NEW YORK CITY — City officials on Tuesday pledged to step up enforcement of coronavirus quarantine measures for those traveling over the holidays, threatening to impose financial penalties on people who fail to follow the rules.
In a Tuesday morning press conference, Mayor Bill de Blasio began by imploring New Yorkers not to travel at all, noting that he would be separated from loved ones whom he normally sees every Thanksgiving.
"If you do not need to travel, don't travel," he said.
Acknowledging that some are still likely to hit the road, de Blasio said deputies from the New York City Sheriff's office — a once-obscure agency that has been charged with enforcing COVID-19 restrictions — will be policing adherence to the state's policy that out-of-state travelers self-quarantine for 14 days unless they show negative tests from before and after their arrival.
"Sheriff teams will be out in force as the holidays approach," Sheriff Joseph Fucito said.
Fucito said vehicle checkpoints will be set up at bridges and other crossings around the city and at curbside drop-off spots for buses entering from out-of-state.
Those who violate the order may be issued mandatory quarantine orders from the sheriff's department, and could be subject to misdemeanor fines between $1,000 and $2,000.
Still, Fucito said the sheriff's office plans to focus mostly on breaking up large gatherings, like the parties shut down over the weekend in Astoria and Midtown Manhattan. He said deputy sheriffs were investigating other "massive events" including "illegal fight clubs, underground raves and illegal gambling dens."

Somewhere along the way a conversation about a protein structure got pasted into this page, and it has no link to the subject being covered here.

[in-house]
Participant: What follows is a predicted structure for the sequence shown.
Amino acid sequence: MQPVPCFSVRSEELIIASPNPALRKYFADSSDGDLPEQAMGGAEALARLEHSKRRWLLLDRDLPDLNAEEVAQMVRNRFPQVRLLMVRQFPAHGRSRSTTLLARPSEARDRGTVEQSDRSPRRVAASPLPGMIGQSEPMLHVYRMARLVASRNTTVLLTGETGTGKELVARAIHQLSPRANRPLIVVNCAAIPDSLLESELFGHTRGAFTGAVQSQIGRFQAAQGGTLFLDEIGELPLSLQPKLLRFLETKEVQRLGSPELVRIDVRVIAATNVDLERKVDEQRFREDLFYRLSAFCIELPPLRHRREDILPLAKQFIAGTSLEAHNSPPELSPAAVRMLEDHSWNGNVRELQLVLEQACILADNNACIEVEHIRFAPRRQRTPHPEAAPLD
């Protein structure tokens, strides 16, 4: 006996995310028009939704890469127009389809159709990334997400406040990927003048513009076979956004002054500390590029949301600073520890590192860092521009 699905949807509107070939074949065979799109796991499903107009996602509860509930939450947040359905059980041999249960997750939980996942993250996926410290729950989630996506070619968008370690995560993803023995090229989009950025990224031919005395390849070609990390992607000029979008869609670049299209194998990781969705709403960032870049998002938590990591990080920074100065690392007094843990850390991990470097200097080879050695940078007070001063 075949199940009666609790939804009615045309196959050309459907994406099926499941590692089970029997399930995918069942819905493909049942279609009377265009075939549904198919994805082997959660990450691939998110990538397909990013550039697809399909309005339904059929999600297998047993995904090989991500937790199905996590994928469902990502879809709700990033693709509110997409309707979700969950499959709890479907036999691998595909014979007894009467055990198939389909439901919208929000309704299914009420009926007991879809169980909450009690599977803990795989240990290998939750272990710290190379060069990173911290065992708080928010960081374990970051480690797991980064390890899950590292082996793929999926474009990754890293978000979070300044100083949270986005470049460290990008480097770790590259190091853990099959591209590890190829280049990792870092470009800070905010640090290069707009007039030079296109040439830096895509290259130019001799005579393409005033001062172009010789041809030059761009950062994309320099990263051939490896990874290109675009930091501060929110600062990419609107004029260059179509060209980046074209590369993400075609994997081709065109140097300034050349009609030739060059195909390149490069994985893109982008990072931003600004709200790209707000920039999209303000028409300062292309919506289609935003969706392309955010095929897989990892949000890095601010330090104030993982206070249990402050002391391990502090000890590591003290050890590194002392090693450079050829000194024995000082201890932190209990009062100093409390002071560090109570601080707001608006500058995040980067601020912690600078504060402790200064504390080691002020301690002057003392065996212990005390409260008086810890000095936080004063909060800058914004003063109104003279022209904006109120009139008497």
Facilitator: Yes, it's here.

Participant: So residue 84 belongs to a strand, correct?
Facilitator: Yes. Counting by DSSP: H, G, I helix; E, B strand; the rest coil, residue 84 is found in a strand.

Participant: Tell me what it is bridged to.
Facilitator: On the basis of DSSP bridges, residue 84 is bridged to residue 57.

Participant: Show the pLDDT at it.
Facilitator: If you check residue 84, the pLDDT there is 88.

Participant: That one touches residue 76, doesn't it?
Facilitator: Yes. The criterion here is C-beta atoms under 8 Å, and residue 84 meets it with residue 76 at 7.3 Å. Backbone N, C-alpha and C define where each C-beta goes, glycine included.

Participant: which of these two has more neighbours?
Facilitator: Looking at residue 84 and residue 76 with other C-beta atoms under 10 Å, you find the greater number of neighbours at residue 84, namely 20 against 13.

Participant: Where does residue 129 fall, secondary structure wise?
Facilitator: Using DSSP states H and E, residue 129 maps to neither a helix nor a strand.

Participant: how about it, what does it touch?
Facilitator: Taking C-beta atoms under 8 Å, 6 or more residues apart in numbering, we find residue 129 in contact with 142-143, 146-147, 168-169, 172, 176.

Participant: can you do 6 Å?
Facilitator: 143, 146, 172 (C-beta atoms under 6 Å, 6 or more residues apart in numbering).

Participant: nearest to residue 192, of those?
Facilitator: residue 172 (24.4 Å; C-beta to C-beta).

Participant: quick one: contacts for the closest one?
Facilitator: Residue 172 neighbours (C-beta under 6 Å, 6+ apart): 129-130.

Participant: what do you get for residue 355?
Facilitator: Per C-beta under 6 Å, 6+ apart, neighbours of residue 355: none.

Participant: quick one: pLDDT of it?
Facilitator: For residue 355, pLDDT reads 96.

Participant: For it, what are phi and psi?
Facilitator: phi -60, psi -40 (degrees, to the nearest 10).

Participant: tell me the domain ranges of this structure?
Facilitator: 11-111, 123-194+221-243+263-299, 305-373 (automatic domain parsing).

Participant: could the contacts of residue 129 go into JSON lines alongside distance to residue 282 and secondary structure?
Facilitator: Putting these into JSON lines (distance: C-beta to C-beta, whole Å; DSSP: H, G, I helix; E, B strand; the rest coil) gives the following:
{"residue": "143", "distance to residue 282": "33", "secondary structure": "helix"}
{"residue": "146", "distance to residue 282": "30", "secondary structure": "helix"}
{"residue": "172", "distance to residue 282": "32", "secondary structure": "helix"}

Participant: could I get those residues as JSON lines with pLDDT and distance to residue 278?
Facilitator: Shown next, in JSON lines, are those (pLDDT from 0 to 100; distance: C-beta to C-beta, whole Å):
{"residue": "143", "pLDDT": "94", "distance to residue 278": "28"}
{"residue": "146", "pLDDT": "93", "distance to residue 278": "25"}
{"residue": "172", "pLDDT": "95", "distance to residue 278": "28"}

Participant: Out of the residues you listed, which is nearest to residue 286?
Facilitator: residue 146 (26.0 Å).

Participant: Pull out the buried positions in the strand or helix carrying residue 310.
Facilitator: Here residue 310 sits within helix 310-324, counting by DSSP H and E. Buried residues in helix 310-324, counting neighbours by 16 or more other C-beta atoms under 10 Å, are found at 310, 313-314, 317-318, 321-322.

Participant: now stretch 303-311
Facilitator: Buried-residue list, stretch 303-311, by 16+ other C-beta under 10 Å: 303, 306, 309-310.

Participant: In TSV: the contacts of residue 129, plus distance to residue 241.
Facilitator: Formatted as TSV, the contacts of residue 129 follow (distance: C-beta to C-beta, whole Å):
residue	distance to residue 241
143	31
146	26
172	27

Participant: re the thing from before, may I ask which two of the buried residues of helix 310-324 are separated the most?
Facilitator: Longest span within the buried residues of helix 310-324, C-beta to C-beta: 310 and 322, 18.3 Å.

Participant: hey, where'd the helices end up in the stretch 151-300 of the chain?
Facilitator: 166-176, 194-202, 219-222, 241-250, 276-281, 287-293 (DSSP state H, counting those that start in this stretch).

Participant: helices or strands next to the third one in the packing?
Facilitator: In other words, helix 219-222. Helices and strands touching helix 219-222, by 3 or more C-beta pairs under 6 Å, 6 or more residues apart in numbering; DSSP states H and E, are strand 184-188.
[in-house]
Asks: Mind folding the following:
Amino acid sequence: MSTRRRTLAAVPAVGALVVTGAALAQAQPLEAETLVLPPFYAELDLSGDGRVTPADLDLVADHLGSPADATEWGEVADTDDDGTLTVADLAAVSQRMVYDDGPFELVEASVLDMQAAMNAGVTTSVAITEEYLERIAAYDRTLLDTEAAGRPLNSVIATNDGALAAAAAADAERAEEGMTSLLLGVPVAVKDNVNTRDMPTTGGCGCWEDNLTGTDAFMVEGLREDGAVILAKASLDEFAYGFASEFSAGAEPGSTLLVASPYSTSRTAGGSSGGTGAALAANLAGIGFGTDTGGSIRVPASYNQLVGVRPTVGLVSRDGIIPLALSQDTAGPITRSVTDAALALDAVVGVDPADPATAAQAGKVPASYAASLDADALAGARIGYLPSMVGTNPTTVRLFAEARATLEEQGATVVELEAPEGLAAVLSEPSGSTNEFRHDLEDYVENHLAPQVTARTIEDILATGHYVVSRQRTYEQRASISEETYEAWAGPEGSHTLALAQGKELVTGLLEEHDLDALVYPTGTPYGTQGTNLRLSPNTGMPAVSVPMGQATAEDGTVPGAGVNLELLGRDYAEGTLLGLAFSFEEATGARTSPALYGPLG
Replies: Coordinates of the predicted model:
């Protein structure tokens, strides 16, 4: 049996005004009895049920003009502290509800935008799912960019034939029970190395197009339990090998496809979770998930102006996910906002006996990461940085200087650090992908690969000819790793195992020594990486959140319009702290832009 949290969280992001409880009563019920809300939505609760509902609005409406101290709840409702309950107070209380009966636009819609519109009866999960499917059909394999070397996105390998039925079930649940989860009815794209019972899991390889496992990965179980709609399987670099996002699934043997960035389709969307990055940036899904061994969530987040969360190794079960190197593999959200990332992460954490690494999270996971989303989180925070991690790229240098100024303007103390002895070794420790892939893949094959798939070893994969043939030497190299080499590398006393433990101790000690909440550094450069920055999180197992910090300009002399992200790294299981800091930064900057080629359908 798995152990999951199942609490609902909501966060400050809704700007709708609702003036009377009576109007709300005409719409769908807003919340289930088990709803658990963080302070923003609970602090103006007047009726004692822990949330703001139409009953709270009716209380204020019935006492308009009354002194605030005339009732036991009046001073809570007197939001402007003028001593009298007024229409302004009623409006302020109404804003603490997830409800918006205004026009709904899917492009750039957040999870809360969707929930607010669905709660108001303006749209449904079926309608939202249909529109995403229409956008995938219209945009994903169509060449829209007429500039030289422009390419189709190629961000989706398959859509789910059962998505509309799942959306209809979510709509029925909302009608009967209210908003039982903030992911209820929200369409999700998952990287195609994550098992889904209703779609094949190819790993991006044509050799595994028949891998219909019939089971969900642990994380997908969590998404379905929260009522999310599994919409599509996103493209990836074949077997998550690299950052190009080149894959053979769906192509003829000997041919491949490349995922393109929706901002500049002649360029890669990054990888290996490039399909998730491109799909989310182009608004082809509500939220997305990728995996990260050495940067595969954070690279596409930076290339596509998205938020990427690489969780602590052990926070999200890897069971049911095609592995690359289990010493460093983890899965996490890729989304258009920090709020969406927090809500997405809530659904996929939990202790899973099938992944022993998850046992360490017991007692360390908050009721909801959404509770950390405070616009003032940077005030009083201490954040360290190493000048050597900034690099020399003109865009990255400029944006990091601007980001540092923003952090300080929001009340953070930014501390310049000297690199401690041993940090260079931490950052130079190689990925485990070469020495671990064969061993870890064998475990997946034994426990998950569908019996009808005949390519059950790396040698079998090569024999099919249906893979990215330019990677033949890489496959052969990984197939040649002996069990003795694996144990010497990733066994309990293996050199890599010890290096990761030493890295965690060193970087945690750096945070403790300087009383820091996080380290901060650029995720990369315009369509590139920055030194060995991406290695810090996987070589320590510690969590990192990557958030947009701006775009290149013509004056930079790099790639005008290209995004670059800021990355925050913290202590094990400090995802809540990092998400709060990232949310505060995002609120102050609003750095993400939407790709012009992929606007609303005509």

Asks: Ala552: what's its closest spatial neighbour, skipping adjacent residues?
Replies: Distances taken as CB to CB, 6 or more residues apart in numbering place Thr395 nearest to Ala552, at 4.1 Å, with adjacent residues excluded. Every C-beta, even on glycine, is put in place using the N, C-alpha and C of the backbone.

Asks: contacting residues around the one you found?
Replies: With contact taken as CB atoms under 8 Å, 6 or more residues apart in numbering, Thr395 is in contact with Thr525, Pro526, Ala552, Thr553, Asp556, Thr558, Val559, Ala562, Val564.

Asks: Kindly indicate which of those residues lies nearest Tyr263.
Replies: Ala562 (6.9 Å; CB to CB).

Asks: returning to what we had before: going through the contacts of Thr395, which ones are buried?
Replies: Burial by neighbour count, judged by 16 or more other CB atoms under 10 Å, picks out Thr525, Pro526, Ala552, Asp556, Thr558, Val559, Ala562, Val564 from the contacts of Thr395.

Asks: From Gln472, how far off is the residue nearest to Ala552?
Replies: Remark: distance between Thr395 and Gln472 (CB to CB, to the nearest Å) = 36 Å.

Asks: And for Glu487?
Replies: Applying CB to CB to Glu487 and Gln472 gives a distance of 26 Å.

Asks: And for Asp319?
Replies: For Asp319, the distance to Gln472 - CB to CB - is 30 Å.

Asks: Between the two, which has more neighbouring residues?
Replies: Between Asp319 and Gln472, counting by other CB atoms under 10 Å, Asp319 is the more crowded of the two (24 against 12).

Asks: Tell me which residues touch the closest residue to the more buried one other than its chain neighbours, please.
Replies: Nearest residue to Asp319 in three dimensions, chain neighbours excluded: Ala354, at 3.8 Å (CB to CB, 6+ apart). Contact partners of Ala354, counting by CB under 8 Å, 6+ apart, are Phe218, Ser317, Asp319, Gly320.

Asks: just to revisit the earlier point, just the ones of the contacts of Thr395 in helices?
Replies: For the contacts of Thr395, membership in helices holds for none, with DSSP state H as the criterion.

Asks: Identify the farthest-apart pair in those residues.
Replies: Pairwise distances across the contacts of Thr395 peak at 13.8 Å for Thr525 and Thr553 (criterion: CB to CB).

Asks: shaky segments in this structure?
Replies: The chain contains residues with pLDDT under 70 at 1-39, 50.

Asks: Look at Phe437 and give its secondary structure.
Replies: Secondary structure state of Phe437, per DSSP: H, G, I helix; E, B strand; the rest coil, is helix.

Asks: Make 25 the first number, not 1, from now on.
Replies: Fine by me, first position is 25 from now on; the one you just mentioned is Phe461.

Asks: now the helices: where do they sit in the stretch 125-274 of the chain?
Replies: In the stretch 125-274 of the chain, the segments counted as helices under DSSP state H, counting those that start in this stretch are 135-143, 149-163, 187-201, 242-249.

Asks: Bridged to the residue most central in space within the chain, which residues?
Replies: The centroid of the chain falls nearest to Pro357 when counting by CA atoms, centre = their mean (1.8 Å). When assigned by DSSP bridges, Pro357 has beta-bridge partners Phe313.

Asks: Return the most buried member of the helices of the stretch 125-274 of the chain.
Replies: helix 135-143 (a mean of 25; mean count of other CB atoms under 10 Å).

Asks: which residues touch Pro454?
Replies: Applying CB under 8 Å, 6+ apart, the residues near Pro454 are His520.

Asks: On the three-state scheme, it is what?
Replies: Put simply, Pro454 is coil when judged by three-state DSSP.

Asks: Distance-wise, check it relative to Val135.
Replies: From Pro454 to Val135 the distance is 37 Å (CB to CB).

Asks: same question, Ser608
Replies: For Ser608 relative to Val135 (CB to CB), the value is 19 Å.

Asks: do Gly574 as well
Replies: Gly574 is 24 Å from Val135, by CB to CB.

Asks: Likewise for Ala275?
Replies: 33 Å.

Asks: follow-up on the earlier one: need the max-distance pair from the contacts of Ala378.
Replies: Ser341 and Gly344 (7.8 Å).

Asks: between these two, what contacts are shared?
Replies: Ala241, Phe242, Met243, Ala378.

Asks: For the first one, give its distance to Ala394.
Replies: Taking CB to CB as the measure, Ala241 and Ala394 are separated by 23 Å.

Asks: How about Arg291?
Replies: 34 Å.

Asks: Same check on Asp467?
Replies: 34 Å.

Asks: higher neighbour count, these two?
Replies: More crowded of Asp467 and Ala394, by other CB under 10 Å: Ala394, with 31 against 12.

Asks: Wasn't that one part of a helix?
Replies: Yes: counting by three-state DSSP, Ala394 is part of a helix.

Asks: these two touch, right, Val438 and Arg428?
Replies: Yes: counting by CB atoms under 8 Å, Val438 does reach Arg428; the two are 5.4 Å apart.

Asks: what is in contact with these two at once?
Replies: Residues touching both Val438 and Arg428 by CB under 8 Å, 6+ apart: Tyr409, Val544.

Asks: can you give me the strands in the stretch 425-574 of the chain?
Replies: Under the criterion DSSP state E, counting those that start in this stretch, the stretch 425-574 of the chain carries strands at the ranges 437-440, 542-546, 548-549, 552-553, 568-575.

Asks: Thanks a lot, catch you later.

La Guardia and JFK airports are both hosting free coronavirus testing sites run by the New York City Health & Hospitals system, giving travelers the chance to obtain a test immediately after they arrive.
De Blasio defended the city's enforcement after a New York Post reporter questioned its effectiveness thus far, citing an enormous, secret wedding in Williamsburg earlier this month and reports that the city's nightlife had simply moved underground.
"They've shut down lots of events," the mayor said of city authorities. Fucito said Tuesday that his office had already issued some misdemeanors for violating quarantine rules, but did not say how many had been given out.
Also on Tuesday, de Blasio paid tribute to former Mayor David Dinkins, who died Monday at the age of 93. De Blasio, whose political career began as a volunteer on Dinkins' 1989 campaign, sounded emotional as he described his former boss as "a guiding hand" in the lives of those he mentored.
"He simply put us on a better path," de Blasio said. "He did it with heart and warmth and love, he was animated by love for people, all people."